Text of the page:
A timer function can be provided which occurs at a 60 Hertz rate, for example. The timer routine functions to reset the trackball counts if the trackball has not moved for a certain amount of time. Graphically, this resets the current vector end point to the origin (0,0) as illustrated in FIG. 5.

The present invention allows both WINDOW and LEVEL parameters to be controlled by one trackball. This permits the operator to view the display and not have to look down at the window level controls. No hand position change is required to control both WINDOW and LEVEL.

While the invention has been described with reference to a specific embodiment, the description is illustrative of the invention and is not to be construed as limiting the invention. For example, control of a parameter can be in response to the X or Y count rather than to the cumulative X and Y counts. Either hardware or firmware can be used to implement the invention. Thus, various other modifications and applications may occur to those skilled in the art without departing from the true spirit and scope of the invention as defined by the appended claims.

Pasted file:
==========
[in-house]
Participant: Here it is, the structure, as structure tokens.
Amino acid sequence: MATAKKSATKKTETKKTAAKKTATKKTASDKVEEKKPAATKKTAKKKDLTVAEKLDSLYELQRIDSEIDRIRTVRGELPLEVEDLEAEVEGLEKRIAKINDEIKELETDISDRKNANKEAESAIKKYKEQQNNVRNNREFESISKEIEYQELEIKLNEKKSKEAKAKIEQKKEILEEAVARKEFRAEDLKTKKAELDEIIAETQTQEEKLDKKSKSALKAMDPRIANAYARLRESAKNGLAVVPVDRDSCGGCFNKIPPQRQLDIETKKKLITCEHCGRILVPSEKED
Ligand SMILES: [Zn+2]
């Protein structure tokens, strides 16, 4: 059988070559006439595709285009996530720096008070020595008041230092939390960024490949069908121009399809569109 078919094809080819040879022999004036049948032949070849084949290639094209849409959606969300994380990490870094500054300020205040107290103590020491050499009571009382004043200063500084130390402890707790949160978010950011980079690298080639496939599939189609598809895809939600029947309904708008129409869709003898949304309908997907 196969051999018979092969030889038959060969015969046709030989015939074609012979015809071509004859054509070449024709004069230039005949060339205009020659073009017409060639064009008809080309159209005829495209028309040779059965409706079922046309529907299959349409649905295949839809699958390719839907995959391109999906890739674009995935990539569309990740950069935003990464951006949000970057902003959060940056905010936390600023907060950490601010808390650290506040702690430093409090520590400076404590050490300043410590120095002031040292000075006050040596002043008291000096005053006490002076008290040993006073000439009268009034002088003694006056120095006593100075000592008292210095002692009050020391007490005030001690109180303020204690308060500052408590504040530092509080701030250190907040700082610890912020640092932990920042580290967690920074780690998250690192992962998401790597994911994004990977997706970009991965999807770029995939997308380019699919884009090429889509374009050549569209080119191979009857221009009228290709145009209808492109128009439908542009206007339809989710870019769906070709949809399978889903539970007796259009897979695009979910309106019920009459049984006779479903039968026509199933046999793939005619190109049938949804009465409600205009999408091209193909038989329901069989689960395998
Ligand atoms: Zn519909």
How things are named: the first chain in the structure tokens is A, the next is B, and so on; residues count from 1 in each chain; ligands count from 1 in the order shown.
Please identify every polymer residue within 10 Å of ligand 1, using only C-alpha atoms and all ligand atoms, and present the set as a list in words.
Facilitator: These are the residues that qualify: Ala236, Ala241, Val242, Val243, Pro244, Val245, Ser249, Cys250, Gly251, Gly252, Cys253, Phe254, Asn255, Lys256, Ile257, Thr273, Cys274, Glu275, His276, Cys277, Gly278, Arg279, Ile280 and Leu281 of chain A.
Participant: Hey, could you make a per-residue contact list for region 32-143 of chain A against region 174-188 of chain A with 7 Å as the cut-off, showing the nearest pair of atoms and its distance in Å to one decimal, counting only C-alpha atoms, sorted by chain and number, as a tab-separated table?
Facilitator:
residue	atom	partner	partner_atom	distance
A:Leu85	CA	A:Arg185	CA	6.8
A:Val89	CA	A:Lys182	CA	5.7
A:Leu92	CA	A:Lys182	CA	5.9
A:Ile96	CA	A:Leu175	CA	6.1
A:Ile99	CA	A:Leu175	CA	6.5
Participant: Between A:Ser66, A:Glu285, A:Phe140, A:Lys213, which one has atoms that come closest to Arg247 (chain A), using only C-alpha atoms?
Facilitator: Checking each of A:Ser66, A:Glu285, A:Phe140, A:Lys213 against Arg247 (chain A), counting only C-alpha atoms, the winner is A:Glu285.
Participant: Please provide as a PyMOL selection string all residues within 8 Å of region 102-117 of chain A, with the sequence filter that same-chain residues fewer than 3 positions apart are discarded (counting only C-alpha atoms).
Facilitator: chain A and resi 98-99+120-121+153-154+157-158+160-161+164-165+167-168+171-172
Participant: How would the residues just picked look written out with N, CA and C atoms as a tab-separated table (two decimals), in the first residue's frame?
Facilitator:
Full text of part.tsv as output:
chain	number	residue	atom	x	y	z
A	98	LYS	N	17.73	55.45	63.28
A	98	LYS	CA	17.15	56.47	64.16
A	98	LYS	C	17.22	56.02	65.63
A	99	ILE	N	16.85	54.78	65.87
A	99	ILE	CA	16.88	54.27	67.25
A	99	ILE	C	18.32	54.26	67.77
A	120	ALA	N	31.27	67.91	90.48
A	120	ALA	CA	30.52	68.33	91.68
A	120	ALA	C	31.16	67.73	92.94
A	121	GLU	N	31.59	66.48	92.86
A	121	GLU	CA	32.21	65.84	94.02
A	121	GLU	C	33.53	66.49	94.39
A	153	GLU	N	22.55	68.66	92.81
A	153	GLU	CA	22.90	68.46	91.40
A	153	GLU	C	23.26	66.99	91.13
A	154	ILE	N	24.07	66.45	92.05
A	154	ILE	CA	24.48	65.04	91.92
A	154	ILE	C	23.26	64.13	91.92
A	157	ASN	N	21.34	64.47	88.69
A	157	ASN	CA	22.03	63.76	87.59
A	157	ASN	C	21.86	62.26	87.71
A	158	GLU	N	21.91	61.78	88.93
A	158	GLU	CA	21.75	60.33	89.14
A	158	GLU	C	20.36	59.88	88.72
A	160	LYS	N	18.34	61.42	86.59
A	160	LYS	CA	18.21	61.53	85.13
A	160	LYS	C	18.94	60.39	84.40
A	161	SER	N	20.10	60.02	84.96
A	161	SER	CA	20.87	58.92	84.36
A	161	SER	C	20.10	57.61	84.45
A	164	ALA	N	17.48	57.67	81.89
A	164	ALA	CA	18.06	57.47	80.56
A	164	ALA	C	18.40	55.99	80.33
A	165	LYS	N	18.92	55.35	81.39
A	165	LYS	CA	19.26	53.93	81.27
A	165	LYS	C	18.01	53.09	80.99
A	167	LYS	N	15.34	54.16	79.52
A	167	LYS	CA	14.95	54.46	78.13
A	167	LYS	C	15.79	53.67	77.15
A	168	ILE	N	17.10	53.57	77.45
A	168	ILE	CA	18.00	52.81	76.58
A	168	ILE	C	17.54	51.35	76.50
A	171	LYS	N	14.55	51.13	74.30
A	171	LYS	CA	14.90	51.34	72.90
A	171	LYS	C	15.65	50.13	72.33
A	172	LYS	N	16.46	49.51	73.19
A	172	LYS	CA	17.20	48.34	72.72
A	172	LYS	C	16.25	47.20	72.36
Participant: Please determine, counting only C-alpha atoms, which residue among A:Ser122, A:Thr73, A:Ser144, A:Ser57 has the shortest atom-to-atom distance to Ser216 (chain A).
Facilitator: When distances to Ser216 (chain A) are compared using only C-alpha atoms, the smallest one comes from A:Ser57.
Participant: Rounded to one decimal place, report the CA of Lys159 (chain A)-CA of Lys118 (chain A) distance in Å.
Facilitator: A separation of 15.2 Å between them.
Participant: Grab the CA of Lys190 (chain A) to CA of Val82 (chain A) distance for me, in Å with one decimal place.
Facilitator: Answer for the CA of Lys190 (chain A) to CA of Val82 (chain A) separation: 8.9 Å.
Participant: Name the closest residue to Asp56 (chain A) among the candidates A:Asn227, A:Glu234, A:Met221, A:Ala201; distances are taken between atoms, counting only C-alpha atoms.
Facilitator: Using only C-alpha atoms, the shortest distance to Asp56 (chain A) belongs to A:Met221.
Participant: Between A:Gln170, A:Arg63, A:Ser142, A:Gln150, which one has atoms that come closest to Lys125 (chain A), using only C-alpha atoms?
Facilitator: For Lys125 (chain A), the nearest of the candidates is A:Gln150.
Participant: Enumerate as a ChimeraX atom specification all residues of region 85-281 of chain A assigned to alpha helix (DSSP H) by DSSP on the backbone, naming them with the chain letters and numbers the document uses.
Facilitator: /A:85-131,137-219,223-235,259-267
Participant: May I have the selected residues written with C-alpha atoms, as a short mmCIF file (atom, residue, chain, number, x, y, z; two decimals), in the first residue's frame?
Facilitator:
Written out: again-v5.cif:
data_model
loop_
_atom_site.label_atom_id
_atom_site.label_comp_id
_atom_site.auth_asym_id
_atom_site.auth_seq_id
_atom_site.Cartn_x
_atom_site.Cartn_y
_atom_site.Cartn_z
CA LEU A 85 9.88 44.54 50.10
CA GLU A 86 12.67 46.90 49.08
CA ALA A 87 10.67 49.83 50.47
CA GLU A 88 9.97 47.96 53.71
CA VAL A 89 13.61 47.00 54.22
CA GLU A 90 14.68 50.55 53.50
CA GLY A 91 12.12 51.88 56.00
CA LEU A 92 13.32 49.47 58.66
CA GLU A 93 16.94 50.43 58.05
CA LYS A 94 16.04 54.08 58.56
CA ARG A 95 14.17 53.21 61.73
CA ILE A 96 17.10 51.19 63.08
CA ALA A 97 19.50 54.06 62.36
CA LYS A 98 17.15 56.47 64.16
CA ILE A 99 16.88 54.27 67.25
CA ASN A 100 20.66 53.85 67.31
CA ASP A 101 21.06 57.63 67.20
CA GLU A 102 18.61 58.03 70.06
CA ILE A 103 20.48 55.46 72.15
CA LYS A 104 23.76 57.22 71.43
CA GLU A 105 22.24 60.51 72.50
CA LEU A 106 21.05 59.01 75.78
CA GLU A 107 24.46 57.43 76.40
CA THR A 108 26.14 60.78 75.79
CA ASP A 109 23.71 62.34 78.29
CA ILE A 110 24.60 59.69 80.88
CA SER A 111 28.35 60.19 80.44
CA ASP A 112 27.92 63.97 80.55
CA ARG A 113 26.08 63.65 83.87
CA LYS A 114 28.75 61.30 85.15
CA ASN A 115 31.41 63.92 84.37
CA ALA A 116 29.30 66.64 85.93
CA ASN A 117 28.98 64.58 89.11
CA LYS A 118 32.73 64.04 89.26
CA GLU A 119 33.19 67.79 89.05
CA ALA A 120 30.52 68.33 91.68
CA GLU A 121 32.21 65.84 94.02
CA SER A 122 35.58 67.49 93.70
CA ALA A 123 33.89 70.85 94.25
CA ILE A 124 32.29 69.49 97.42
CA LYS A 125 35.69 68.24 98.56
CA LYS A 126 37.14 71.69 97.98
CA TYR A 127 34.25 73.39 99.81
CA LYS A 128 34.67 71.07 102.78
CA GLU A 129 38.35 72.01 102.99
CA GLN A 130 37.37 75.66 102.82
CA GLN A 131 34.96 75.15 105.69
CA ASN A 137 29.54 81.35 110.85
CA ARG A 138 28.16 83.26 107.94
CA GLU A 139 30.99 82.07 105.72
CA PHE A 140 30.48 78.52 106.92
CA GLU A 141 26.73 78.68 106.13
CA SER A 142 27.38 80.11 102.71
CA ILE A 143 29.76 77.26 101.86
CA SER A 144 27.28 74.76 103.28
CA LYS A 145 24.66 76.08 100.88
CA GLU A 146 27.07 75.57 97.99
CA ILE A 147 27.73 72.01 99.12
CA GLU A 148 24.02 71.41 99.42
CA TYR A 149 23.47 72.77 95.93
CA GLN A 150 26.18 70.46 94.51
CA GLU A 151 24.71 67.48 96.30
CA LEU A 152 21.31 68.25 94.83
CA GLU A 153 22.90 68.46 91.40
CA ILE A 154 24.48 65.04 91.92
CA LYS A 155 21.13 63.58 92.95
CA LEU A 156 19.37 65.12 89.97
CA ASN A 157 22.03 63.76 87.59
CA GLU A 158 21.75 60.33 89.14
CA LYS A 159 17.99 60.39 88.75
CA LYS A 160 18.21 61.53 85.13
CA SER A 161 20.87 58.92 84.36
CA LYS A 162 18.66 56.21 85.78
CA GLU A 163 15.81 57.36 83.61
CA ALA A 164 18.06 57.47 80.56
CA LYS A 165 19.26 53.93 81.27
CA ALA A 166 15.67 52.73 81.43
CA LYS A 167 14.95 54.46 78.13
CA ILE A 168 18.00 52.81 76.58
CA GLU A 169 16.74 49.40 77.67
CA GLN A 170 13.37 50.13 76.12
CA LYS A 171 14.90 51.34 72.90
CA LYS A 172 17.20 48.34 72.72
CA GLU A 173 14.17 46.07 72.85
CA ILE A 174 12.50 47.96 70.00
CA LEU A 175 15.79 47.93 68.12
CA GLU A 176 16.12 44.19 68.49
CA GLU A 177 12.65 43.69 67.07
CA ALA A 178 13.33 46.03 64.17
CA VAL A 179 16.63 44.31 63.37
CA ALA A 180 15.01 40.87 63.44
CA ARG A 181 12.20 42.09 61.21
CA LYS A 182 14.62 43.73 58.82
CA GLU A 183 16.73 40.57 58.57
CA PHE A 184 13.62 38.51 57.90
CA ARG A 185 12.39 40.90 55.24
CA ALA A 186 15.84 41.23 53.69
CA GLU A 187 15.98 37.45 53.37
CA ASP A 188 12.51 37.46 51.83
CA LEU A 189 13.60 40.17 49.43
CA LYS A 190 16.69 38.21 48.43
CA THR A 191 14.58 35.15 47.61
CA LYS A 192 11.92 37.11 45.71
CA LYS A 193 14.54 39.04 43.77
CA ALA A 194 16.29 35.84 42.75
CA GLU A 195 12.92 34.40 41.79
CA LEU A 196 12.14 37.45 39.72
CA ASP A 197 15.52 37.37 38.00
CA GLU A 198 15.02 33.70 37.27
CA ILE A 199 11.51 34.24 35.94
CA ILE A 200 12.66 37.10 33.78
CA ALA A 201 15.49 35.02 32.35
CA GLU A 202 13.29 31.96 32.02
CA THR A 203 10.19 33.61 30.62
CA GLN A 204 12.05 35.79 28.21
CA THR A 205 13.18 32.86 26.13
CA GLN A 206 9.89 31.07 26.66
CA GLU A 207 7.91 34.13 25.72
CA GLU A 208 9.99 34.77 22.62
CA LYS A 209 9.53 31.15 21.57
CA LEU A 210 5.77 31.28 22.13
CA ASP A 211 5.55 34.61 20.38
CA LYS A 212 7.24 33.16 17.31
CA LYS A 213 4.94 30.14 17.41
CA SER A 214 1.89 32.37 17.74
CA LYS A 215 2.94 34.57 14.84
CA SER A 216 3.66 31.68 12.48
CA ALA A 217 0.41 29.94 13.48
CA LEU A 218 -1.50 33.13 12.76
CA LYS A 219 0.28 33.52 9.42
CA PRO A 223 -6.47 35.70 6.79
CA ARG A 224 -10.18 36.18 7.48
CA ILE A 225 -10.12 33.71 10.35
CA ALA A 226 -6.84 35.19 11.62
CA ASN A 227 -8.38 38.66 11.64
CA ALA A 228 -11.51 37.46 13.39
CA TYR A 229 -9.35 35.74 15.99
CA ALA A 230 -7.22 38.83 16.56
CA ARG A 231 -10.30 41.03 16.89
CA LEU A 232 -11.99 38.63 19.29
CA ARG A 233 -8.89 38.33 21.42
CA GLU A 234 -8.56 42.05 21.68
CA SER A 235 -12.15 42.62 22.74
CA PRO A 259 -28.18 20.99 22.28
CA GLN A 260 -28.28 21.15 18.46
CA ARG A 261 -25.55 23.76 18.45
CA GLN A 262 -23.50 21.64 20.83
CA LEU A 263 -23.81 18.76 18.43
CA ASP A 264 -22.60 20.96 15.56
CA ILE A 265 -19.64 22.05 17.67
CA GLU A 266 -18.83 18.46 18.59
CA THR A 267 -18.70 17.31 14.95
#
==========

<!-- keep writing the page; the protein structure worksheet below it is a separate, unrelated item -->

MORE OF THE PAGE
Claims (6)

What is claimed is:
1. Apparatus for controlling two parameters comprising
a trackball for generating an X count in response to rotation of said trackball along an X axis and for generating a Y count in response to rotation of said trackball along a Y axis, and
control means responsive to said X count and said Y count for controlling a first parameter when said trackball is rotated in a first band including said X axis and for controlling a second parameter when said trackball is rotated in a second band including said y axis, said control means being non-responsive to rotation of said trackball in a third band lying between said first band and said second band.
2. Apparatus for controlling image level and window parameters in a computed tomography display comprising:
a trackball including an X encoder for generating an X count in response to rotation of said trackball along an X axis and including a Y encoder for generating a Y count in response to rotation of said trackball along a Y axis, and
control means responsive to rotation of said trackball for controlling said level and window parameters,
said control means responsive to rotation of said trackball within a first band including said X axis and to counts generated in response thereto for controlling one of said parameters,